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abscesses on face after getting teeth done???

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  • abscesses on face after getting teeth done???

    I find this really odd. My BO had her horses's dentals done recently by a local vet that, err, has an iffy reputation for other stuff, I don't know about dentals.
    Anyways, she has an older TB mare that got hers done a week or two ago. Now she has had TWO abscesses on her face. One was under her jaw, and the second one popped up a few days ago right in front of her right cheek. They are not on the thyroid or even close to there, and it is pretty much a closed population so the vet does not think strangles. The same vet that did the dentals saw her and prescriped uniprim for a few days. When the second one popped up she talked to 1st vet's partner, who gave her more uniprim.
    Does anyone else find this odd?? Had it happen before as well?? There was no problems with the dental that the owner is aware of. She thinks it has something to do with the pressure of the speculum on the horse's face????

  • #2
    So one is on the mandible and the other is more on her face?Any problems with her eating after her float? Was this a power floating or hand floating? Any chance you could post a pic?


    • Original Poster

      no problems eating. It was a power float. I'll look and see if I can get a picture tonite when I feed.


      • #4
        I use hand tools when floating teeth. I'm suspicious of power tools and the damage they can wreak. My concerns would be heightened when working on a geriatric horse. At least she is still eating and drinking.


        • #5
          I dunno. We have several every year come up with one under the jaw--looks just like strangles but without the upper respiratory symptoms, cultures positive for strep but not strangles, goes away without any treatment except the odd dab of Novalsan. I've never heard of what you're describing happening from a bad float, and I would want to be really sure it's not something else, like tick bites--which can abscess, before I said anything.


          • #6
            Hmmmm, Strangles IS Strep: Streptococcus equi bacterium The bacteria is introduced through a horse's nasal passage where it proceeds to attach to the lymph nodes around the pharynx and submandibular regions (the back of the throat and under the jaw areas). The lymph nodes attempt to fight off the invading and reproducing bacteria, eventually causing a possible abscess to form.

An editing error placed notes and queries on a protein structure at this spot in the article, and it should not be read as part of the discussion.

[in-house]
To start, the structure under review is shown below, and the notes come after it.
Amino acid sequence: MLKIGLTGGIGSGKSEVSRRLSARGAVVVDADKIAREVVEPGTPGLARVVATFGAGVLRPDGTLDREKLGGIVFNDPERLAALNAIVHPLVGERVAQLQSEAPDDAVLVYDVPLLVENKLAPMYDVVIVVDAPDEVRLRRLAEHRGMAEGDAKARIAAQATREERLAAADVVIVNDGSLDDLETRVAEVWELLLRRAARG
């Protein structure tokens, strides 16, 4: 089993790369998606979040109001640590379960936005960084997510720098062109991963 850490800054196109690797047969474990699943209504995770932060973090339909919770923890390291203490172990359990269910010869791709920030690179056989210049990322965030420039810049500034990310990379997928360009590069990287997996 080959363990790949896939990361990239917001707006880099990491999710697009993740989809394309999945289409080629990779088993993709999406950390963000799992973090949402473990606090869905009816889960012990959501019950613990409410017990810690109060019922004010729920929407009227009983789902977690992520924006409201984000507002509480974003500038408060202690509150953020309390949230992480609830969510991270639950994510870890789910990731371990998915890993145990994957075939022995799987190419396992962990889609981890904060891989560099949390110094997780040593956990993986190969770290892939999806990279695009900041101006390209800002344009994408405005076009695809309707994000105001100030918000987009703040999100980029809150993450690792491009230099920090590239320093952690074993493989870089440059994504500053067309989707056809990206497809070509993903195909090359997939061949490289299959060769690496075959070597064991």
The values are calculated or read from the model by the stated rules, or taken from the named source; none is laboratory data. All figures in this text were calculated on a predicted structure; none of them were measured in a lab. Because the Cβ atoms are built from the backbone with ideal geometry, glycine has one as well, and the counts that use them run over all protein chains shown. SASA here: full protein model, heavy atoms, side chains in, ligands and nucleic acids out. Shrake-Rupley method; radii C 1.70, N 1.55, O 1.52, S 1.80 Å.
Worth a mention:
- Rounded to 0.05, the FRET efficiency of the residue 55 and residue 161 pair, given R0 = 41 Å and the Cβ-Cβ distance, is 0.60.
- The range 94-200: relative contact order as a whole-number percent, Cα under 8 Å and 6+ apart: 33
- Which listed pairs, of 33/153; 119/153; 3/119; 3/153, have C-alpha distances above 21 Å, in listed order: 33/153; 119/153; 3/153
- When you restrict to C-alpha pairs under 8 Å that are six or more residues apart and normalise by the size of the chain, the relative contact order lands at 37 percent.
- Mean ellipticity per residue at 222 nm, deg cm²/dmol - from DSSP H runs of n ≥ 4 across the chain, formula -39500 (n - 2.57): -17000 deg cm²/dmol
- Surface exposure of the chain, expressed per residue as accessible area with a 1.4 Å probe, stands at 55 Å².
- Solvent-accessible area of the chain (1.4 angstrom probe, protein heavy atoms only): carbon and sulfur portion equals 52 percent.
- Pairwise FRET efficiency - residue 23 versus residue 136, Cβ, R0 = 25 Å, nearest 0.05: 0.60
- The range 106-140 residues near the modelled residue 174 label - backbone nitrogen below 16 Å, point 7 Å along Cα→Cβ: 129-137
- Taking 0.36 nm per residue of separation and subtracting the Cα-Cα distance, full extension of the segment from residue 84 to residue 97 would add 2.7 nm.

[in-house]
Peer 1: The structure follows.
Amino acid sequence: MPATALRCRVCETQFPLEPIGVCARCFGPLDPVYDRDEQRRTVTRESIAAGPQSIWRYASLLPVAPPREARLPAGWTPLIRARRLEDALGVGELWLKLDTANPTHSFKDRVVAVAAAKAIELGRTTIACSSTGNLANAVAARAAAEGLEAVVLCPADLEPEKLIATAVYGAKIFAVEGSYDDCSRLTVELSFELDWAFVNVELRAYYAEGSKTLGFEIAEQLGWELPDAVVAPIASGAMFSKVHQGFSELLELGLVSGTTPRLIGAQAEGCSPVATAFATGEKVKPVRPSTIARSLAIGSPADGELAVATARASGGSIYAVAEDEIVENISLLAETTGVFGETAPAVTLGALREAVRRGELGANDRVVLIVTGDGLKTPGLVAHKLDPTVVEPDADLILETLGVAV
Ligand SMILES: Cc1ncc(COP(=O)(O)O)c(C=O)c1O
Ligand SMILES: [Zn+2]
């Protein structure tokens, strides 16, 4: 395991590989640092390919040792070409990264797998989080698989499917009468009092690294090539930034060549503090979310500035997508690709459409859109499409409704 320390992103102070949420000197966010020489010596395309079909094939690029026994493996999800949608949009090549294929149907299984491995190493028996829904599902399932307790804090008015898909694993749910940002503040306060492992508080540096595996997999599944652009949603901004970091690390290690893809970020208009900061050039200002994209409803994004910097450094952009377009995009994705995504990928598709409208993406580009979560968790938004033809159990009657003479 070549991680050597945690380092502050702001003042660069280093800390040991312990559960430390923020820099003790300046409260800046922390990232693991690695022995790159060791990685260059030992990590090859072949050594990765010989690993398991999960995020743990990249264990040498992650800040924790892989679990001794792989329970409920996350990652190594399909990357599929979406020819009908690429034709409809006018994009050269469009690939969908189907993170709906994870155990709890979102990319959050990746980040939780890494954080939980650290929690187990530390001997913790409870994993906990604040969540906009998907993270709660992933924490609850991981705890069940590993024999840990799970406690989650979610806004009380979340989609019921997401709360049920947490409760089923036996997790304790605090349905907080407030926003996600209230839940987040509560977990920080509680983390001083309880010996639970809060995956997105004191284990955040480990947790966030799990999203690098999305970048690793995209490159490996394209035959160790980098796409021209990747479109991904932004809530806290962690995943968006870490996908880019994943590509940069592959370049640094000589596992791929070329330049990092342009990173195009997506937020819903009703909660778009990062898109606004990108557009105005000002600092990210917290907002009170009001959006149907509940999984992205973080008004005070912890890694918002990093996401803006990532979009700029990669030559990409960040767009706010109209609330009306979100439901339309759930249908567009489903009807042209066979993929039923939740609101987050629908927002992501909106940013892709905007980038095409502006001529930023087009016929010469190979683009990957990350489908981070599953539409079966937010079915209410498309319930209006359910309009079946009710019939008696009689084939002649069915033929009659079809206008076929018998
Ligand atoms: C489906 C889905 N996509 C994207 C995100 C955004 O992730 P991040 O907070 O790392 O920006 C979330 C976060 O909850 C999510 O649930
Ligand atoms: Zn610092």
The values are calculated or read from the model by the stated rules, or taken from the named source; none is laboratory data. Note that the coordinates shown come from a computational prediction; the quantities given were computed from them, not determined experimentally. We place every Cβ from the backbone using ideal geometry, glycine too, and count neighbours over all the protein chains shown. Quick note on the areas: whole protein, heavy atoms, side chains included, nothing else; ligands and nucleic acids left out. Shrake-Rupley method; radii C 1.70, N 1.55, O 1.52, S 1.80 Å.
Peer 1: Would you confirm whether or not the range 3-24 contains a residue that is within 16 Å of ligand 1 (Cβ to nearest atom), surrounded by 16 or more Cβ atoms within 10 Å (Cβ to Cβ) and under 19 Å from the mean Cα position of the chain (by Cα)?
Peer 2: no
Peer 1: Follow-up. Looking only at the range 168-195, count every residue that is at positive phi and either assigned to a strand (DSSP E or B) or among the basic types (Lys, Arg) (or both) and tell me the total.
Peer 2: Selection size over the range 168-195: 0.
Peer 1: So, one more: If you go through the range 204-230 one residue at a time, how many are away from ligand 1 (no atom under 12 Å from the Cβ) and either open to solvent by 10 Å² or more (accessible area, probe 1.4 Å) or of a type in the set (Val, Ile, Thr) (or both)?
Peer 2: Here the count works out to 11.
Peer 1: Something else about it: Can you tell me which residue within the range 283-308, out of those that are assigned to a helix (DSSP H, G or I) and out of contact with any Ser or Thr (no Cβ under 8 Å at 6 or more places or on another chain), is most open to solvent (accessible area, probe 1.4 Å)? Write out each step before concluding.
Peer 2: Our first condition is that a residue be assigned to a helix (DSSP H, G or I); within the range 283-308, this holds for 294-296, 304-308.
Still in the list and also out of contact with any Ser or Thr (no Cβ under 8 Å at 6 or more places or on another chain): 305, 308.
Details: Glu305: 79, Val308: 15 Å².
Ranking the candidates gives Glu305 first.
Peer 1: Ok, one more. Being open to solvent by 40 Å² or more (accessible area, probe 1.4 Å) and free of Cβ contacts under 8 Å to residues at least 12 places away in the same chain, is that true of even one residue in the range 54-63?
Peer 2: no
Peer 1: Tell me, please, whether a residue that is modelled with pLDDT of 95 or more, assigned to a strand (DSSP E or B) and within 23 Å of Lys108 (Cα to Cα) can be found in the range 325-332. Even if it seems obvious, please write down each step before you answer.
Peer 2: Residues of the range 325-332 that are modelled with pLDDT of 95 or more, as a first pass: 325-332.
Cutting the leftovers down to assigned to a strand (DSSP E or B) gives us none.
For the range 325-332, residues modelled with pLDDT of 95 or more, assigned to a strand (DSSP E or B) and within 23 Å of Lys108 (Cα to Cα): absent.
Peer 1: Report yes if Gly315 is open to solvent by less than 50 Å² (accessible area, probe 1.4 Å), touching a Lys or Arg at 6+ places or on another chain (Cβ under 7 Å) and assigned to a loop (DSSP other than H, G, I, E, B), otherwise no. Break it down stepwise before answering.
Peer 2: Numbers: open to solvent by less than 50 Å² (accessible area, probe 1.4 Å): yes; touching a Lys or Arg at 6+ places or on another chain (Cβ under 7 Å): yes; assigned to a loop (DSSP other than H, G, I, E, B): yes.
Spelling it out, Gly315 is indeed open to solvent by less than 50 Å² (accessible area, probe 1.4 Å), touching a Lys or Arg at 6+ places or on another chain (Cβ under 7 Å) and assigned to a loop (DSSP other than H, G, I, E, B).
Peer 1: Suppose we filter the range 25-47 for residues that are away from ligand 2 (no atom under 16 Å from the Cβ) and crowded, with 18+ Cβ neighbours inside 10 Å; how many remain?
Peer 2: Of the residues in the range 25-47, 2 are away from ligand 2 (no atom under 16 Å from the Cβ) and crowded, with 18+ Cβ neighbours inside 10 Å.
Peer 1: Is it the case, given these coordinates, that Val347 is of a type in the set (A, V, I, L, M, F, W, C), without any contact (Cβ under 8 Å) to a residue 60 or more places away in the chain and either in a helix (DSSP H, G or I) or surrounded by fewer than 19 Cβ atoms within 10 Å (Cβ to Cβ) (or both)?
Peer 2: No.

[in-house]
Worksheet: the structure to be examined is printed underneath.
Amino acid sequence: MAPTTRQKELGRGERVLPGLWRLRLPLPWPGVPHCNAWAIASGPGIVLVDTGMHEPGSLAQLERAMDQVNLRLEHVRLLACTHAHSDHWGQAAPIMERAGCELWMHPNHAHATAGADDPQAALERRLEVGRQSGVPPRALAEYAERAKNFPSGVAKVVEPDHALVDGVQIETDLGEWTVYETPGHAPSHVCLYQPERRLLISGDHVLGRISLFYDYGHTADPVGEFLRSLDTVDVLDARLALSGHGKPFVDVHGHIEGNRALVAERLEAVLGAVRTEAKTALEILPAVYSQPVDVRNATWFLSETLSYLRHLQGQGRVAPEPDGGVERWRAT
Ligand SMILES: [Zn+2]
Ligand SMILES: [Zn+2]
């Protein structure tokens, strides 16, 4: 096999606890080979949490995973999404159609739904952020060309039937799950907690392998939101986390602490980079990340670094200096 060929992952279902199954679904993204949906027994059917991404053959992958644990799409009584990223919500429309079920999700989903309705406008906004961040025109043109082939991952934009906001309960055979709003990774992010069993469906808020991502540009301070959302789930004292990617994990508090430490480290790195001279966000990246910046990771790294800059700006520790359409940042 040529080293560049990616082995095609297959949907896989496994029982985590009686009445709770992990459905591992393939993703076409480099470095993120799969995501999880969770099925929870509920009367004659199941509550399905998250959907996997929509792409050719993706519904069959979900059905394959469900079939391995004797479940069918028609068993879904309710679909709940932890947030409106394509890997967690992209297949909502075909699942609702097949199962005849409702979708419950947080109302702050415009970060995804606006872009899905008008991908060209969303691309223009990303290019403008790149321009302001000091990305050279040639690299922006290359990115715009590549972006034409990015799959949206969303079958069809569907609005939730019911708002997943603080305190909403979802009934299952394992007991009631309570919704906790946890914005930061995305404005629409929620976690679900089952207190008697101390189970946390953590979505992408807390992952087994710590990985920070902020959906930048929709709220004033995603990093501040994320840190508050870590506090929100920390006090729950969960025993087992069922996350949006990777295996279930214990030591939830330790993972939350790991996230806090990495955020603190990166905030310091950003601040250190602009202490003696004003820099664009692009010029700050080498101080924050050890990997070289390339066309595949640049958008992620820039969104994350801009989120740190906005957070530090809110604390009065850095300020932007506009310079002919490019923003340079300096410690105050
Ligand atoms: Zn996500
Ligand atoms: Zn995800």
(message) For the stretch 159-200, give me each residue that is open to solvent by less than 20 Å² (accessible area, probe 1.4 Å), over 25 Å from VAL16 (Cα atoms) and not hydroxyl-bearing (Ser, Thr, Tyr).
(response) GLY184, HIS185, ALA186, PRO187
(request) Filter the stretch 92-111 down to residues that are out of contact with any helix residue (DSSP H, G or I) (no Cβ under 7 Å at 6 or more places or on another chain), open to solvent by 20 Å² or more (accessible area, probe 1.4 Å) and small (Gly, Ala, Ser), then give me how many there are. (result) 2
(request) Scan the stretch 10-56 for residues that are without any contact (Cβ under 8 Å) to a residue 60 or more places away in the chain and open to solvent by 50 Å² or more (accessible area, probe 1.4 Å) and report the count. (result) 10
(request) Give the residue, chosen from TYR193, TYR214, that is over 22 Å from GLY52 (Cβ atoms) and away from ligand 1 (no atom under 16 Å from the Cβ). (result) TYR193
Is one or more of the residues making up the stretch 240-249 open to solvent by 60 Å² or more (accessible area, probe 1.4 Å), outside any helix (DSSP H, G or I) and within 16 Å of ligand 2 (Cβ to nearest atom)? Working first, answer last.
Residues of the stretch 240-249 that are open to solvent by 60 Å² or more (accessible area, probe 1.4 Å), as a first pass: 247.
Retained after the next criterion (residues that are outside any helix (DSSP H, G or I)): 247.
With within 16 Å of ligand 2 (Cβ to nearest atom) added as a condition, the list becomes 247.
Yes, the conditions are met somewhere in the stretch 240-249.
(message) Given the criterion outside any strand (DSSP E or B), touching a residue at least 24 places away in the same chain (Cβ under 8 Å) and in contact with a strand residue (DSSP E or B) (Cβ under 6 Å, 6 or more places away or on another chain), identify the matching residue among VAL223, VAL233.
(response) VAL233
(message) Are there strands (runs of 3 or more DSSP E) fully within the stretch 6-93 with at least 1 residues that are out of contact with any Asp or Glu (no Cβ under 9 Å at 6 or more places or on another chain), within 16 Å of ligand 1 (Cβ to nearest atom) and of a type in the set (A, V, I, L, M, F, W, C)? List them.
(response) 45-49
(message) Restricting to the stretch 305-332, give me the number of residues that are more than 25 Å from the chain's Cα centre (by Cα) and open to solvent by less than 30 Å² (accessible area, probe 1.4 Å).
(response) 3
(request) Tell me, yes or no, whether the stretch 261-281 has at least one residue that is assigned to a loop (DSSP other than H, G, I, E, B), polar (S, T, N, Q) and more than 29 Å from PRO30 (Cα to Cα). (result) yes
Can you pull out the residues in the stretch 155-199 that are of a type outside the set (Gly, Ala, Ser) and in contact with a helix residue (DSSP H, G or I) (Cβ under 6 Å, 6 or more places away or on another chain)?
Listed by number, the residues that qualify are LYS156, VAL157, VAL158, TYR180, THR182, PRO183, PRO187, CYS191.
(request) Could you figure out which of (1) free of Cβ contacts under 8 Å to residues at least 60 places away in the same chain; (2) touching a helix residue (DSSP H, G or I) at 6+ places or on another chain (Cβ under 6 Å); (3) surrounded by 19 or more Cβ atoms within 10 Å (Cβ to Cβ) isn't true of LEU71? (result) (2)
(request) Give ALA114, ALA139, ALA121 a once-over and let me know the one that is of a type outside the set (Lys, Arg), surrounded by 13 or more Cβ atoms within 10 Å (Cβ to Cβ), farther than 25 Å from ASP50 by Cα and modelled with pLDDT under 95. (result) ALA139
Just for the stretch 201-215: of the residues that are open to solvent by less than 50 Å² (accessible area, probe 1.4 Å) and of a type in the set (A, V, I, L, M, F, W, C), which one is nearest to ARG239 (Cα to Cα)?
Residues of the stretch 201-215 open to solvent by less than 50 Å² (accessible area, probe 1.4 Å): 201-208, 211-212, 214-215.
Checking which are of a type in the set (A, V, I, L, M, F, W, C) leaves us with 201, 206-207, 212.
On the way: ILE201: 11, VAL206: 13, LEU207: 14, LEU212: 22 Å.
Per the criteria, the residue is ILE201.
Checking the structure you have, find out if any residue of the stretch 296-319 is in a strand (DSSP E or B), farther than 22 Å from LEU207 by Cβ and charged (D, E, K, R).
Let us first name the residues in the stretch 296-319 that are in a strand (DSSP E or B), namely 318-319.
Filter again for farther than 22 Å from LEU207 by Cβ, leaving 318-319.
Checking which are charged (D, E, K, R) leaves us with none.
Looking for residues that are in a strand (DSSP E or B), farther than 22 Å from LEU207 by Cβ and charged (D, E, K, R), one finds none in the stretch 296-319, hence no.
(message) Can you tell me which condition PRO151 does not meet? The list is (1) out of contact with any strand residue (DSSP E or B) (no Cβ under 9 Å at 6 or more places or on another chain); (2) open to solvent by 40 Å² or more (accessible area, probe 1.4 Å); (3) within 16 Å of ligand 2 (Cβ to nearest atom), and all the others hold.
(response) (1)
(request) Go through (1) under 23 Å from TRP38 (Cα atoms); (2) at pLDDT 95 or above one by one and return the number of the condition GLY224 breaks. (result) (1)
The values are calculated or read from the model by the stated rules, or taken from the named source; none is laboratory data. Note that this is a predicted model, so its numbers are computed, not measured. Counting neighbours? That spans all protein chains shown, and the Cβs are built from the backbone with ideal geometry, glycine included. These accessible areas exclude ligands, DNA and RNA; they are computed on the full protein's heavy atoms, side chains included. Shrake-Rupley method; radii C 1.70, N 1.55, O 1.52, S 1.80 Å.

There are homeopathic remedies that would help cure this once and for all so you won't be getting recurrences every year. Contact a Homeopathic Vet to advise you.

            For the OP, there is a remedy that will take care of abscesses - Silicia. If using a 30c potency then I'd give 1 dose, 3 times a day for up to 3 days. Stop dosing when you see changes even if you've not given all doses.

            Homeopathy is safe to use with conventional treatments or as an alternative if conv. treatments are not working.
            --Gwen <><
            "Treat others as you want to be treated and be the change you want to see in the world."


            • #7
              While strangles is caused by strep equi, there is another strep commonly found in the horse's respiratory sytem: strep zooepidemicus. Sometimes the latter causes a problem, sometimes not. It can be very difficult to get a clean culture and strep zoo almost always shows up.

              As for the homepathic recommendation, please provide even a single double blind study that confirms the homepathic nostrum actually does anything at all.


              • #8
                Everytime I post about Homeopathy, rcloisonne, you or 3 and 4 others have to jump all over it. There's enough research out there and enough anecdotal evidence that supports the use of Homeopathy either as an alternative or a complementary treatment. I offer the mention of it as another choice for people to make.

                Give it a rest.
                --Gwen <><
                "Treat others as you want to be treated and be the change you want to see in the world."


                • #9
                  I have a friend with a horse that has been popping abscesses on his face. He's had 2 in the last 6 months, both were abscessed teeth. They were not in relation to a bad float. We have an excellent dentist and he hand floats, not tools (unless no other possible option available). They both presented like this, and in both instances tried oral antibiotics, with no luck. Horse has spent 2 separate occasions at the hospital, having the sinuses and abscesses drained and then filled with antibiotics, as well as teeth pulled.

                  Both occasions the cultures were strep zoo.

                  If I were the owner, I'd have the pus cultured to see what I was dealing with.
                  Strong promoter of READING the entire post before responding.